It’s chilly, 24 degrees with a 20-mph northwest breeze. For dramatic effect, I’d tell you what the “wind chill” factor is, but you and I don’t need any more drama. Just figure it’s 24 degrees and blowy. Dress accordingly; summer is both a distant memory and too far away for anticipation. Think back a few months, grab a Moxie from the fridge and let’s talk about the season opposite this one.

The pale chevrons on the tops of my feet from a flip-flop-based summer wardrobe are faded now and hidden by colorful and toasty Acorns from Renys. No doubt in my future are a pair of black, Velcro-closed, clown-size sneakers conforming to the apparent footwear rules for male residents in the dementia ward. Or maybe I’ll go ’50s vintage rock ‘n’ roll with a pair of oxblood Snap Jacks. (Google it, children.)

Sorry, the train left the tracks for a sec.

The signs of last summer’s end began appearing before summer ended in the third week of September, an annual event that always hits me hard, right in my ambivalence. While I enjoy most of the things that characterize the warmest season, it can and often does overdo it, as we saw for weeks straight this past summer. Since my return home to the islands 15 years ago, the blessing of air conditioning has never been more appreciated than this past summer. Also, this past summer was the first summer we had it.

Being indoors to escape the humidity made it tempting to turn on the idiot box for some diversionary entertainment. However, 2022 being an election year meant I had to mute the TV for five minutes every three minutes if I wished to avoid the political hissy fits that were obviously scripted by highly paid staffs of poli sci-bound third graders. I am neither gullible nor ignorant enough to believe all that palaver, yet I understand that the First Amendment allows them the freedom to freely annoy the crap out of me. Speaking of annoyances, I also thank the Lord for the miracle of caller ID and phones with a “ringer off” option.

Between Thanksgiving and Christmas, the same type of childish hissy fit displayed in some of those TV political ads occurs in the toy departments of every Walmart in the country. Predictably, these tantrums lack an announcer admitting at the end that they are, in fact, the suspect, and, incredibly, they approve this particular misrepresentation.

Our television got a lengthy rest over a few months as we turned it on only for the evening weather tease and the in-case-you-missed-it-this-is-what-happened-today weather segment. That’s followed by a weather tease, then the in-case-you-don’t-have-windows-this-is-what’s-going-on-in-your-dooryard-right-now weather segment, another weather tease, and, finally, the weather forecast, all of which were repeated each half-hour between muted political ads leading up to the elections.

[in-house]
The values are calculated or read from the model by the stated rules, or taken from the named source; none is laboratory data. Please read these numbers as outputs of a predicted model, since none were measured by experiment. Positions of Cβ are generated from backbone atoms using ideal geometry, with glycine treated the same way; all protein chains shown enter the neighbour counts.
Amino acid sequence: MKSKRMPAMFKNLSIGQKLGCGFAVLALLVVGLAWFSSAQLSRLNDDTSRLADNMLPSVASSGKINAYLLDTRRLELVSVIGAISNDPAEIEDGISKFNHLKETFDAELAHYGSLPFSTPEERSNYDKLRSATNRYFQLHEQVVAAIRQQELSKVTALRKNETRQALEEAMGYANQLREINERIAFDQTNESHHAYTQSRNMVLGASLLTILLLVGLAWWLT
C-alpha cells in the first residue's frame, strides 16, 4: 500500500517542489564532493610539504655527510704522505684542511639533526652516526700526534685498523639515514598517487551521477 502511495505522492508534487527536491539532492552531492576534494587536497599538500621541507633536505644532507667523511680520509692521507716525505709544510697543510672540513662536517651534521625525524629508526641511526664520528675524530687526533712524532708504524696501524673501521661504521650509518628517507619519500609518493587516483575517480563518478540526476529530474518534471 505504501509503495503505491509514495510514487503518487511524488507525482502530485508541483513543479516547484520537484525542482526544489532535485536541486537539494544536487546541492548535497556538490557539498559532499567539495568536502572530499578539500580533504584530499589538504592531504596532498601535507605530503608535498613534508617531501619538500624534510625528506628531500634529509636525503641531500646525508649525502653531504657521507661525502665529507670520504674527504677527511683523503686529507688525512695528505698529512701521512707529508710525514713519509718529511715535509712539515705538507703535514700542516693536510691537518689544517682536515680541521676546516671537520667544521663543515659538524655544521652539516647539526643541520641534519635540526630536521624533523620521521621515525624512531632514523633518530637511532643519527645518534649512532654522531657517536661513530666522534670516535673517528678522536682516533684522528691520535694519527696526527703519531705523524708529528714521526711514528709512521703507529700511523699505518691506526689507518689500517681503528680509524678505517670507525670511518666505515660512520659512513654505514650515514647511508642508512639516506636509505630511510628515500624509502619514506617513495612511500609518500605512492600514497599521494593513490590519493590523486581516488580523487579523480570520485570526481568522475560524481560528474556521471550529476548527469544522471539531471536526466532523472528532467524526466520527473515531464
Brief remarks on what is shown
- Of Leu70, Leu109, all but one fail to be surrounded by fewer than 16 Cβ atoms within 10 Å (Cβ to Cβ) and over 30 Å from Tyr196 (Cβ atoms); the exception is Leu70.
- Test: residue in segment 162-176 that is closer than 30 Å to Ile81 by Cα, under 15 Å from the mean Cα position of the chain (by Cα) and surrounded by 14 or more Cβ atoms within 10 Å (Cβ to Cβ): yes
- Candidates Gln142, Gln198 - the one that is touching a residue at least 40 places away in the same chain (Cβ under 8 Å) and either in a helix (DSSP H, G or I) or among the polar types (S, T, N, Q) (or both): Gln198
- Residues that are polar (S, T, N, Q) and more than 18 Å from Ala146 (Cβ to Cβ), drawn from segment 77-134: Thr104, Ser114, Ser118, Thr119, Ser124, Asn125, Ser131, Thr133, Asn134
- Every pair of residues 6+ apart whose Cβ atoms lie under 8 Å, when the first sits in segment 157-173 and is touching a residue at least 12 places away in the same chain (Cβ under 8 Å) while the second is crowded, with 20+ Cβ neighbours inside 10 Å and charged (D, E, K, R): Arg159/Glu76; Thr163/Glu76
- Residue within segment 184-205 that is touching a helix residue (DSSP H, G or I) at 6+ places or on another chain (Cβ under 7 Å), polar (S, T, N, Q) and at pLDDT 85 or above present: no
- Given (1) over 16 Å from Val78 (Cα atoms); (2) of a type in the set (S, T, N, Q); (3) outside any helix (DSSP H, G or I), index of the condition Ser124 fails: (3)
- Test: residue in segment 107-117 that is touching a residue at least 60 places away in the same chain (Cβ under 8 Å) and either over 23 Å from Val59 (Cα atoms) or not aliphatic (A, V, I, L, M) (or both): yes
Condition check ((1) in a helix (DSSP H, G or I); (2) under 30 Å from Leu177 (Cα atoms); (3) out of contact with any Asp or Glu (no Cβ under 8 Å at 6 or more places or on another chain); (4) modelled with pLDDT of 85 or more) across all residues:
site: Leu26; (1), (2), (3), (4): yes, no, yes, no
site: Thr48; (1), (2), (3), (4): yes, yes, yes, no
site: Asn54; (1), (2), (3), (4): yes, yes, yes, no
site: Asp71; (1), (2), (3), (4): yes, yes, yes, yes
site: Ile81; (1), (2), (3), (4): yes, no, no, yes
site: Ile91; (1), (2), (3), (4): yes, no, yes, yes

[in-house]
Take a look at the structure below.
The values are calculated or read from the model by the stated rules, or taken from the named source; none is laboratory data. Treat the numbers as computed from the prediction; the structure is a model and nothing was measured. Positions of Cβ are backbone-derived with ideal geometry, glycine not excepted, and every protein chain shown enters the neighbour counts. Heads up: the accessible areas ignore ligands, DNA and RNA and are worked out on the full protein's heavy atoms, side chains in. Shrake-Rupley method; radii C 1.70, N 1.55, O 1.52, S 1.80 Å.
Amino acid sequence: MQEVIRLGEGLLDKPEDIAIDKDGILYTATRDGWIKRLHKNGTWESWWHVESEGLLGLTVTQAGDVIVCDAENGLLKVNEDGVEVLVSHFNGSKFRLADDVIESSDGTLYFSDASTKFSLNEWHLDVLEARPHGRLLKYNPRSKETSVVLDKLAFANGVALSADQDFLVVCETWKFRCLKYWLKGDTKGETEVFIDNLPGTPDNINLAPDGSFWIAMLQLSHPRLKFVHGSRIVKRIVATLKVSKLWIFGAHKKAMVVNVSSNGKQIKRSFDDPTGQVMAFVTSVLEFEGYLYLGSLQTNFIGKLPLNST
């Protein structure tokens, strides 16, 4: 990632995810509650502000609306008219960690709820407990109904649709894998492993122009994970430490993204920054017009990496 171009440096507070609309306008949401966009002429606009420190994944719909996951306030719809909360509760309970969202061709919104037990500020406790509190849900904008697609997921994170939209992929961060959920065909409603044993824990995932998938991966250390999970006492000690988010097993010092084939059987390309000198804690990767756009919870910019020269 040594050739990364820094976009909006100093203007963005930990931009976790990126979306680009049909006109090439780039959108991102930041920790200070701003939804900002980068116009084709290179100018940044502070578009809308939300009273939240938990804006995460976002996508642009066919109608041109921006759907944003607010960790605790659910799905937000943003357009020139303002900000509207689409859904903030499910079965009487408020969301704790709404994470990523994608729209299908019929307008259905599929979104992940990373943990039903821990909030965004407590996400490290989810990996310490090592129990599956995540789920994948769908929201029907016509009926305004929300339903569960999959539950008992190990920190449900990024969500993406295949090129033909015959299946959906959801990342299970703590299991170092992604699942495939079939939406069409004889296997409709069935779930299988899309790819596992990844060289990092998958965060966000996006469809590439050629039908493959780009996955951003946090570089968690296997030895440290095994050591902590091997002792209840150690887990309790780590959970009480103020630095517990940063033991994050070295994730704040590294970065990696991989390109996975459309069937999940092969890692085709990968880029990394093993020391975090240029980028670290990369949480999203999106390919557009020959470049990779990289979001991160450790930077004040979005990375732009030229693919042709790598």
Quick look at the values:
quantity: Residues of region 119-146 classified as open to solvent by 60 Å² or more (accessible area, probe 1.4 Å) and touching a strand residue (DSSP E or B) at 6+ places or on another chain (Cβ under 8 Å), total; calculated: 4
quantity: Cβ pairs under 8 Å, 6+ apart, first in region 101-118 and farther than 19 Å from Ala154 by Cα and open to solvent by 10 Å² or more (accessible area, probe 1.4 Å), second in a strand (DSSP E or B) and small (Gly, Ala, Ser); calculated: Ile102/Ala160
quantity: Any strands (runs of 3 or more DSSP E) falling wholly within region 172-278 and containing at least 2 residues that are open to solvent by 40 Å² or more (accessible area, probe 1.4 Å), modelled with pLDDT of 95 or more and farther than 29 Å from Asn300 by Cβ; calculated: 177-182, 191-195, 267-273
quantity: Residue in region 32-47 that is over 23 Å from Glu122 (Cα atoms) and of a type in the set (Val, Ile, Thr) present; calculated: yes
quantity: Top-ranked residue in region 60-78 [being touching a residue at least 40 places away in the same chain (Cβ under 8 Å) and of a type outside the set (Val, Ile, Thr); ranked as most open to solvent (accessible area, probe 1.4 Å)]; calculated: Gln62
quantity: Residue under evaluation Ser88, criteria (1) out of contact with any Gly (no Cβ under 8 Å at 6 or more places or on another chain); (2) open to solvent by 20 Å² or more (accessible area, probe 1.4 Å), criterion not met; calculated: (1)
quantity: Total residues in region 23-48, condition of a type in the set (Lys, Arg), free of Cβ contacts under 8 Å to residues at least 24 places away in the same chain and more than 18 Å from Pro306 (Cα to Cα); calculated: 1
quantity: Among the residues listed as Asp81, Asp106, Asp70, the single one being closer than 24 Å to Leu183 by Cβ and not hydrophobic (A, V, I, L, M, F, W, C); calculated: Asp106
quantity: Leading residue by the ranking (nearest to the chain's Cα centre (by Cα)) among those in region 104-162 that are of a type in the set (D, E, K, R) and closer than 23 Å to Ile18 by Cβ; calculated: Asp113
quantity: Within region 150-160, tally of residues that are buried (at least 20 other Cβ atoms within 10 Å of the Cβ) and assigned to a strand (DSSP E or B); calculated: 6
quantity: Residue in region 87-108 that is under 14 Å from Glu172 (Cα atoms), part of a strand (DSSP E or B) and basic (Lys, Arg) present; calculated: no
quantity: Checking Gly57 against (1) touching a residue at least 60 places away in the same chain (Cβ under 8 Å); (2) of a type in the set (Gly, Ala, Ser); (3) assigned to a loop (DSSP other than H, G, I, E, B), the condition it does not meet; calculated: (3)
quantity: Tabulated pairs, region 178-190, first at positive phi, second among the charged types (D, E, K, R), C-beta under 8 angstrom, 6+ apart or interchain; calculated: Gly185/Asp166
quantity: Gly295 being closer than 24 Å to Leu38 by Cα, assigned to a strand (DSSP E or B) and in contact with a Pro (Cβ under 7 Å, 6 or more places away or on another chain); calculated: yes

Summer hung around into November, with cold-blooded native kids still swimming in a couple of the warmer coves. Then, in an instant, summer packed up and headed south, leaving autumn, a disappointing substitute, in charge. Remember Buffalo’s 6 feet of snow the week before Thanksgiving? Yup, autumn.

Time flew by this fall, with the entire world seemingly out of kilter. As Christmas drew down upon us, we decided to scale down our gift-giving to nearly zero (grandkids excepted, of course). Hold your fire and don’t be charging me with aggravated humbuggery just yet. I am an enthusiastic participant in the celebration of Christmas and, as they say, the reason for the season. Instead of buying gifts for ourselves because that’s what we’ve always done, we put our money where it would do more good for some who truly need the help this season. In the end, we got more joy from that than from unwrapping packages of stuff we simply don’t need. We have everything we need. This Christmas felt good.

Under my socks remain the pale chevrons, a reminder of those days, not long ago, when the quiet hum of the mini-split was enough to make me happy. Now I’m ready for something else. I want time to slow to a crawl for a while. I want the peace and quiet in my home to last, and I am perfectly willing to pay for it in snowstorms. But while these Acorn socks are comfy, I do admit to looking forward to having my flip-flops back in the rotation.

Maybe I’m anticipating after all.

Butch Lawson is an observer of life. He lives on Bailey Island.